Restaurant’s live crab claw machine leaves bad taste and SPCA shell-shocked

For $5 per try, customers who visit the House of Seafood at Punggol Point Road can use the claw machine to catch live Sri Lankan crabs. (PHOTO: Shout via SPCA/Facebook)

SINGAPORE —Crabs are not toys and the use of a “live crab claw machine” at a seafood restaurant in Punggol causes “unnecessary harm” to the animals, said the Singapore Society for the Prevention of Cruelty to Animals (SPCA).

“Crabs are living creatures, not toys. The SPCA advises members of the public to not partake in such activities,” it said in a Facebook post on Wednesday (23 October), adding that it had reported to the Animal and Veterinary Service (AVS) to ask the agency “to shut this down”.

Since last Sunday from 5pm to 10pm daily, customers who visit the House of Seafood at Punggol Point Road can pay $5 to use the claw machine to catch live Sri Lankan crabs, which they can then have them cooked for free on the spot, or kept in the restaurant to eat on future visits.

“The game causes unnecessary harm to the animals and it also encourages people to see animals as nothing more than objects to play with and goes against our vision of a kinder society,” said the SPCA.

Its post has been shared over 1,600 times and garnered over 300 comments from angry netizens as of 7pm.

Facebook user Adelyn Tan wrote, “This is done in very bad taste by the restaurant and the publicity team, without any regard for the crabs, making a mockery of their lives and existence just because they are only seen as food on a dinner plate.”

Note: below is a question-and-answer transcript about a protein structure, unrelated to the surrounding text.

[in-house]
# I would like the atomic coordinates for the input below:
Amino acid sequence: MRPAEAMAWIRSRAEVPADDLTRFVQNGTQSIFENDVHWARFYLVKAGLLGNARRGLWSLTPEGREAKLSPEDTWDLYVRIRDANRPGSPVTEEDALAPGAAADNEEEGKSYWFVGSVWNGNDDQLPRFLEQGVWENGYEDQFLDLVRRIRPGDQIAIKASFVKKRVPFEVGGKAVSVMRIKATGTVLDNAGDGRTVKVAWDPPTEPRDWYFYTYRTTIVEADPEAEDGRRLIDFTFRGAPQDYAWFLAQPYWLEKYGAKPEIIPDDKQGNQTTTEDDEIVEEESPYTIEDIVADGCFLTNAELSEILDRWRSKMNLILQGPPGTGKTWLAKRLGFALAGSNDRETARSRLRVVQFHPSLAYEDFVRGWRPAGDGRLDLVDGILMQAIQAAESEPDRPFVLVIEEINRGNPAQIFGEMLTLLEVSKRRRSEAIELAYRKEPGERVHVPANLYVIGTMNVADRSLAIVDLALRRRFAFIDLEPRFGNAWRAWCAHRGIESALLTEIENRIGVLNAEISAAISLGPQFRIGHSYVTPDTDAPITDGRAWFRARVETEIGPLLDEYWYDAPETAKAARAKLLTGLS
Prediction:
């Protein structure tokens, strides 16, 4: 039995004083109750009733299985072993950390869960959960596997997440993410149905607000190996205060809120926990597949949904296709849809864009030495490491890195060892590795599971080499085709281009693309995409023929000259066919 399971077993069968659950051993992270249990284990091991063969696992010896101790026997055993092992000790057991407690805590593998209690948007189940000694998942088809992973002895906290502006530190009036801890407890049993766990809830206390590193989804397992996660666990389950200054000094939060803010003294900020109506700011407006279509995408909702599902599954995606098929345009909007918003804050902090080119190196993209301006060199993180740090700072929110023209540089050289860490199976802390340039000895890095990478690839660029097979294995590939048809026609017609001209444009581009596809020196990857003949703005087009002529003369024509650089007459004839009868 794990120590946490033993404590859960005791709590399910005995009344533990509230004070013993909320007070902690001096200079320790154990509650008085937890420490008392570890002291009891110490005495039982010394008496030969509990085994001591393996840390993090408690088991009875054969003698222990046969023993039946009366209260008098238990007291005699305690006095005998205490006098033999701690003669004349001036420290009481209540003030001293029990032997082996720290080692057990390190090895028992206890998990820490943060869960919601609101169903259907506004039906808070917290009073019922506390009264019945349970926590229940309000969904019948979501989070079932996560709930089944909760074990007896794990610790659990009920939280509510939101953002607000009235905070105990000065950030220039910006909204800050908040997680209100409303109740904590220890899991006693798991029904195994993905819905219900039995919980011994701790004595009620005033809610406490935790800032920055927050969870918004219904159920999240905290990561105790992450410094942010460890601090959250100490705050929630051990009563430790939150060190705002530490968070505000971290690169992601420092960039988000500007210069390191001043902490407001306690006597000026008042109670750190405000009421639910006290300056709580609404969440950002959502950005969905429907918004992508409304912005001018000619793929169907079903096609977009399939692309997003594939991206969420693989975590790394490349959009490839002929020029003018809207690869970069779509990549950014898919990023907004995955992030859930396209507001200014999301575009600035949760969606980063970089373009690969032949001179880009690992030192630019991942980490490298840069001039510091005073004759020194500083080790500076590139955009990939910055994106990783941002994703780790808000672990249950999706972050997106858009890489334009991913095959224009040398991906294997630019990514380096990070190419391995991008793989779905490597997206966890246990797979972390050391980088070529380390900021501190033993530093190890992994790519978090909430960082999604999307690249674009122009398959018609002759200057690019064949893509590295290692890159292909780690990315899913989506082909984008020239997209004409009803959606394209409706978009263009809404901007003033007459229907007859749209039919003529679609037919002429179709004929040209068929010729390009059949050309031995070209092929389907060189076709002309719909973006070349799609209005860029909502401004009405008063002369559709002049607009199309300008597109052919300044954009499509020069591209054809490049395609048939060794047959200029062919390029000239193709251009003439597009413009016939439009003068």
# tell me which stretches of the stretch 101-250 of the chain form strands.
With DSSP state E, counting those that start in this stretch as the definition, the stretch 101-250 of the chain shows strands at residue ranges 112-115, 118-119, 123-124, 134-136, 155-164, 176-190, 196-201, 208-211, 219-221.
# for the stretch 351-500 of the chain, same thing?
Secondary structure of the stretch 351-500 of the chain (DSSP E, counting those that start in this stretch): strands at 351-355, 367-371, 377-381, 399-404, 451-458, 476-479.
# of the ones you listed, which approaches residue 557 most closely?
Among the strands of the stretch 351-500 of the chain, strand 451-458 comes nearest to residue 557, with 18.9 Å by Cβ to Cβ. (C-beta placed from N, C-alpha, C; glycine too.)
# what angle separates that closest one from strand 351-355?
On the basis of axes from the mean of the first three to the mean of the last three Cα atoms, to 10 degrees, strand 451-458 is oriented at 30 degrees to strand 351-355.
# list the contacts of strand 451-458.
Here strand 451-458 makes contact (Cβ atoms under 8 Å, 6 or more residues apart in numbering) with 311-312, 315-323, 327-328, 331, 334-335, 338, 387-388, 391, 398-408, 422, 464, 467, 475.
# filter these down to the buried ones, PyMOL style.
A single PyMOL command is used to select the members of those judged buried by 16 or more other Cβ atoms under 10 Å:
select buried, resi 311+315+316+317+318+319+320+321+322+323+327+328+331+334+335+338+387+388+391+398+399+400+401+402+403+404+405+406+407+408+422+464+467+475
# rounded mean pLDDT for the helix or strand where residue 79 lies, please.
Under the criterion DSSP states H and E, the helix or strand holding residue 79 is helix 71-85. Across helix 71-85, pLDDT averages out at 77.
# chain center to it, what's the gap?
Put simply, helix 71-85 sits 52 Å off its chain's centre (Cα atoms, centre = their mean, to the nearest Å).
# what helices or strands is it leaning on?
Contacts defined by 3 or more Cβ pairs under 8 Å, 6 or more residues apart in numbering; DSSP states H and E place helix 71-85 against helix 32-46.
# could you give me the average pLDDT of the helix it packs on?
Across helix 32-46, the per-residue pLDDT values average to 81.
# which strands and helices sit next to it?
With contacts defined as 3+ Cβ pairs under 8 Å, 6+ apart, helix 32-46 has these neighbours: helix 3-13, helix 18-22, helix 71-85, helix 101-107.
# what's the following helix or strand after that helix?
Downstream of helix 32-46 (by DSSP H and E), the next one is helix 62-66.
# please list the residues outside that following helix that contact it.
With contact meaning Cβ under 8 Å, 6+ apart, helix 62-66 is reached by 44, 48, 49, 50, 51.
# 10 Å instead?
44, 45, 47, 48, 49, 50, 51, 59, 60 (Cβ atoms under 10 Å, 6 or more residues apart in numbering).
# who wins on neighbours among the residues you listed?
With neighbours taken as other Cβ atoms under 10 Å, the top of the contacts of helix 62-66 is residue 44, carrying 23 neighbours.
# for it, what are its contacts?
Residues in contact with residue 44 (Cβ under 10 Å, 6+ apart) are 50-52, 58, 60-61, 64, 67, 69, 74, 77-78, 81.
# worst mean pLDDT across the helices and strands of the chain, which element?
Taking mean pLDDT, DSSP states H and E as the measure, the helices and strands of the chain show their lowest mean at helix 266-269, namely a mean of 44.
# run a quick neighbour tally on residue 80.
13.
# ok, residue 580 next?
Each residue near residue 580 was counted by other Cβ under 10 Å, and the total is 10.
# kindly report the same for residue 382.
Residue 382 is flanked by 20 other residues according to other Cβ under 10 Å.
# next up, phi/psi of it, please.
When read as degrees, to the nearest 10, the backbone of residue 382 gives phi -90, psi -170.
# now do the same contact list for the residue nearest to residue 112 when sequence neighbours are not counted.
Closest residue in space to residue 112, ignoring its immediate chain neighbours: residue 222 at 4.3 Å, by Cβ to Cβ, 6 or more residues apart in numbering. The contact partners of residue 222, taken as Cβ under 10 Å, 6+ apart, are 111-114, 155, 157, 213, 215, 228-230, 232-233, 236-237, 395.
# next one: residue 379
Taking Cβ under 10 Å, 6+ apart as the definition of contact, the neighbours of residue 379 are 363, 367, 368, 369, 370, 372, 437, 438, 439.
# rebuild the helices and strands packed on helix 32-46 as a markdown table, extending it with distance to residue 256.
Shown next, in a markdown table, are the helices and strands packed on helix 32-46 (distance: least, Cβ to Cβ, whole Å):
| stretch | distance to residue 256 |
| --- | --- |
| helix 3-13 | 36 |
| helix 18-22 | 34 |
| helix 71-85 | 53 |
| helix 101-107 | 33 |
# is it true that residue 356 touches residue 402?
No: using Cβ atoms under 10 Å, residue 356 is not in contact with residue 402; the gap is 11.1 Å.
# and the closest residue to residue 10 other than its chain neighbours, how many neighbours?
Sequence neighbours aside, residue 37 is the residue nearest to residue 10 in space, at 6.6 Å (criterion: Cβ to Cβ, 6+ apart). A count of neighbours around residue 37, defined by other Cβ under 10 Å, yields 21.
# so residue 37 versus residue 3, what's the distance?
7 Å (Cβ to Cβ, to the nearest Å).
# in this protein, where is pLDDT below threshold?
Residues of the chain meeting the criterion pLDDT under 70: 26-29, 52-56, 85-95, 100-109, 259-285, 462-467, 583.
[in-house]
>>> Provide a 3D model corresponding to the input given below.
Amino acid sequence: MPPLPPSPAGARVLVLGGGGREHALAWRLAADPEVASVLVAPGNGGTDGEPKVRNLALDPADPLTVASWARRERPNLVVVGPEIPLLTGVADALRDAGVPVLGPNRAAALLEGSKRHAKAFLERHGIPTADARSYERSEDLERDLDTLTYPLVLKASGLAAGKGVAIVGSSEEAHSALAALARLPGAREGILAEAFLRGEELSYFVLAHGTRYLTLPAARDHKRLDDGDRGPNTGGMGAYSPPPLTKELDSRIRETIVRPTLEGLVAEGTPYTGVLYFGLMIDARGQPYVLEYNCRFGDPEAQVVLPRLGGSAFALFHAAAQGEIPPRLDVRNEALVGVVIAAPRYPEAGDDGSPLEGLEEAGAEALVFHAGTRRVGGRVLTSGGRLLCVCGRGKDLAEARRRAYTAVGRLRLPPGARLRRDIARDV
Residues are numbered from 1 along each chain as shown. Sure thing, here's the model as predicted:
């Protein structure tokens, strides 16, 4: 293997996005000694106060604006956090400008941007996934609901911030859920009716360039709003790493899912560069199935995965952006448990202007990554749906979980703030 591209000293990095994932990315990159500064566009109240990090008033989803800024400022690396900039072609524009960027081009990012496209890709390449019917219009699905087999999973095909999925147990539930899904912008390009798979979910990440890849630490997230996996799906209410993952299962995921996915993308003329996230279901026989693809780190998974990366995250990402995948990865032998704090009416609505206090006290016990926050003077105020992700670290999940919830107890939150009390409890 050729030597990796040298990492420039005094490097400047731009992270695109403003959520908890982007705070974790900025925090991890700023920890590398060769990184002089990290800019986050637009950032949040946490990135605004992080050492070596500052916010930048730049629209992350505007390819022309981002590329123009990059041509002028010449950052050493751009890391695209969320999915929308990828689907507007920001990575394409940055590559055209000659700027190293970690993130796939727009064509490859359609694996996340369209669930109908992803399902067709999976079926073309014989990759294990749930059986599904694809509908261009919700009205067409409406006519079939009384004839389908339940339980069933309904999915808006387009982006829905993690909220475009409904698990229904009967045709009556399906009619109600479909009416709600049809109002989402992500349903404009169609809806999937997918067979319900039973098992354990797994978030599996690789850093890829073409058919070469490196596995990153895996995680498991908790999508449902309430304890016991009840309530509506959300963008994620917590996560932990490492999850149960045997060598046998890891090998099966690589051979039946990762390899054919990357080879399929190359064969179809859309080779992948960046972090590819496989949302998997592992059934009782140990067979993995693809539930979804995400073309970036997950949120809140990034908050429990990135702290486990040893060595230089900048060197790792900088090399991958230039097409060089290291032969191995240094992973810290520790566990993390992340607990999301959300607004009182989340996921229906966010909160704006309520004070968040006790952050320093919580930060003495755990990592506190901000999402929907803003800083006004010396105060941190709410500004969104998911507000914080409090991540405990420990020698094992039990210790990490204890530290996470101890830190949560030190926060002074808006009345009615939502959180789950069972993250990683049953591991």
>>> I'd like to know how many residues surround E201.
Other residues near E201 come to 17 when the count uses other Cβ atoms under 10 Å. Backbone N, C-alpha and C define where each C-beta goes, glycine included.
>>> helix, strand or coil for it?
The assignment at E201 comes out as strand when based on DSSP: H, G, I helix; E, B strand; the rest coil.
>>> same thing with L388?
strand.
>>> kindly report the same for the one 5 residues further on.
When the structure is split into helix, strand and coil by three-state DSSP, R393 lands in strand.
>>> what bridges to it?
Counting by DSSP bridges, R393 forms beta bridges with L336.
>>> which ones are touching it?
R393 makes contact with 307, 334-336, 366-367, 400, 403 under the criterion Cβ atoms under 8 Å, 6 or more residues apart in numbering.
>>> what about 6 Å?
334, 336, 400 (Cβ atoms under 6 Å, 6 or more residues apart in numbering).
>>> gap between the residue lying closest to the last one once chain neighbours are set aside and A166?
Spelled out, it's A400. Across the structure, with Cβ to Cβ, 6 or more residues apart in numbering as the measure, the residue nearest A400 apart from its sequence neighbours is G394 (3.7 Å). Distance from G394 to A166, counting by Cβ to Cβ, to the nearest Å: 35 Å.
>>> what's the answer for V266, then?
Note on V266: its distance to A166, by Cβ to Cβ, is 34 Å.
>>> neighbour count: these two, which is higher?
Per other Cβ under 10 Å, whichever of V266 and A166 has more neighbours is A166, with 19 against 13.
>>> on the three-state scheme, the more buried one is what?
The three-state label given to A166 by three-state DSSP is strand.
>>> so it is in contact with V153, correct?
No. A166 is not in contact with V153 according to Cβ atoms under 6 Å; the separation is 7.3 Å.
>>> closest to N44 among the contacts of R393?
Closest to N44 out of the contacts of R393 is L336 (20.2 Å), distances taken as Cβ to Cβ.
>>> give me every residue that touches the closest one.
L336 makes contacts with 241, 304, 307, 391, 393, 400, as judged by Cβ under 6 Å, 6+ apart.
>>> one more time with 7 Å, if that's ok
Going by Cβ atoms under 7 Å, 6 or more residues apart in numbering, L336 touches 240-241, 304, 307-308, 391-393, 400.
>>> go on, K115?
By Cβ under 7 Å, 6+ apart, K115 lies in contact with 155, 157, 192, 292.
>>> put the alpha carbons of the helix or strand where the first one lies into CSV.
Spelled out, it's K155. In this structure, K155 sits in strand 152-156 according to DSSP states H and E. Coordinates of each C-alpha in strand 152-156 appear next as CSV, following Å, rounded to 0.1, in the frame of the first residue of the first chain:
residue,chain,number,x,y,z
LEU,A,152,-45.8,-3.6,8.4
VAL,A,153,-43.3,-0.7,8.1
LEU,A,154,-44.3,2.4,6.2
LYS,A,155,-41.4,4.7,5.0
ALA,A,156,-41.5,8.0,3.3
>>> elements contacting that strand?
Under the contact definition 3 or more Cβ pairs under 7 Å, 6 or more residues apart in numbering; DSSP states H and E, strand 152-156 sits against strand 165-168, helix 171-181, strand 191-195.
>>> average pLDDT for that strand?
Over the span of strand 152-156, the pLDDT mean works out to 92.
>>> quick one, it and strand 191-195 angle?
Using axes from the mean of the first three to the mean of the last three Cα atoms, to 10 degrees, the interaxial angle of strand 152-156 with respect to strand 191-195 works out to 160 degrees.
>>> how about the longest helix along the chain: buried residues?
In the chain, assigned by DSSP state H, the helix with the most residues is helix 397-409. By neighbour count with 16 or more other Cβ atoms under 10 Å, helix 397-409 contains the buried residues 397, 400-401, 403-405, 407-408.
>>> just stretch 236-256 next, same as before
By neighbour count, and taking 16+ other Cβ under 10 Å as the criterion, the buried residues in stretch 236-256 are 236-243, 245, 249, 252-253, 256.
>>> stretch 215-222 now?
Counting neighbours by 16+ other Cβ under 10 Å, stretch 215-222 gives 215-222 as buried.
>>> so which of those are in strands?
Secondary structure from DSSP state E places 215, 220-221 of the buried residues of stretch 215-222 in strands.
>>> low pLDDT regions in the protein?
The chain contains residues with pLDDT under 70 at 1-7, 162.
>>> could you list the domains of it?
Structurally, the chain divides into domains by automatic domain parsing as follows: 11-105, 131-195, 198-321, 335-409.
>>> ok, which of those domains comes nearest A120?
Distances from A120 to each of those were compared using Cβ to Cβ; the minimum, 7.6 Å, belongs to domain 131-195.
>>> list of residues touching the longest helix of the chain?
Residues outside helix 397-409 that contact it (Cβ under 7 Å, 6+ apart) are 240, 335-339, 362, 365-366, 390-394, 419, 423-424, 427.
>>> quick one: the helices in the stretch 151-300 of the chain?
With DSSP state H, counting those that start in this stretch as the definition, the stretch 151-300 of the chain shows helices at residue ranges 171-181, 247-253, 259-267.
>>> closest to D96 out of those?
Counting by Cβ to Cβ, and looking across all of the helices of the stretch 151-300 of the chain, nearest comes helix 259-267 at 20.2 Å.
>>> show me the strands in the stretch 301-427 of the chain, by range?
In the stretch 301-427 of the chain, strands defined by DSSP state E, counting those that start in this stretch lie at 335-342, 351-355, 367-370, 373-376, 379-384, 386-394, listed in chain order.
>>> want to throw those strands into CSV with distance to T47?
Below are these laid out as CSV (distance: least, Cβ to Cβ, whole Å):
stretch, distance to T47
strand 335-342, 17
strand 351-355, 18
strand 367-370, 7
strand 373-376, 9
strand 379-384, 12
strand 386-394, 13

User Lestatte Liew suggested for the restaurant to use plush toys to represent the live prizes, which can be redeemed later.

Netizen Samatha Lee noted, “It is also kind of unhygienic to create this claw machine as you may not know how long will the crabs survive in there.” Some have called for the business to be penalised and boycotted.

Acres, or Animal Concerns Research and Education Society (Singapore), also commented about the machine in a Facebook post on Wednesday night.

The animal welfare group said that it received feedback on the practice a few days ago and filed a cruelty case with AVS due to the “serious welfare concerns”. It added, “We fully support the call to end this cruelty and urge everyone not to participate in such activities where live animals are treated as objects.”

House of Seafood CEO Francis Ng has said that the $5,000 machine – touted by the business as the first of its kind in Singapore – was designed to prevent causing the crabs “any pain” and to educate the public on how to identify male and female crabs.

He added that he would respect the authorities’ decision to remove it, if necessary.

Yahoo News Singapore has reached out to the AVS for comment.

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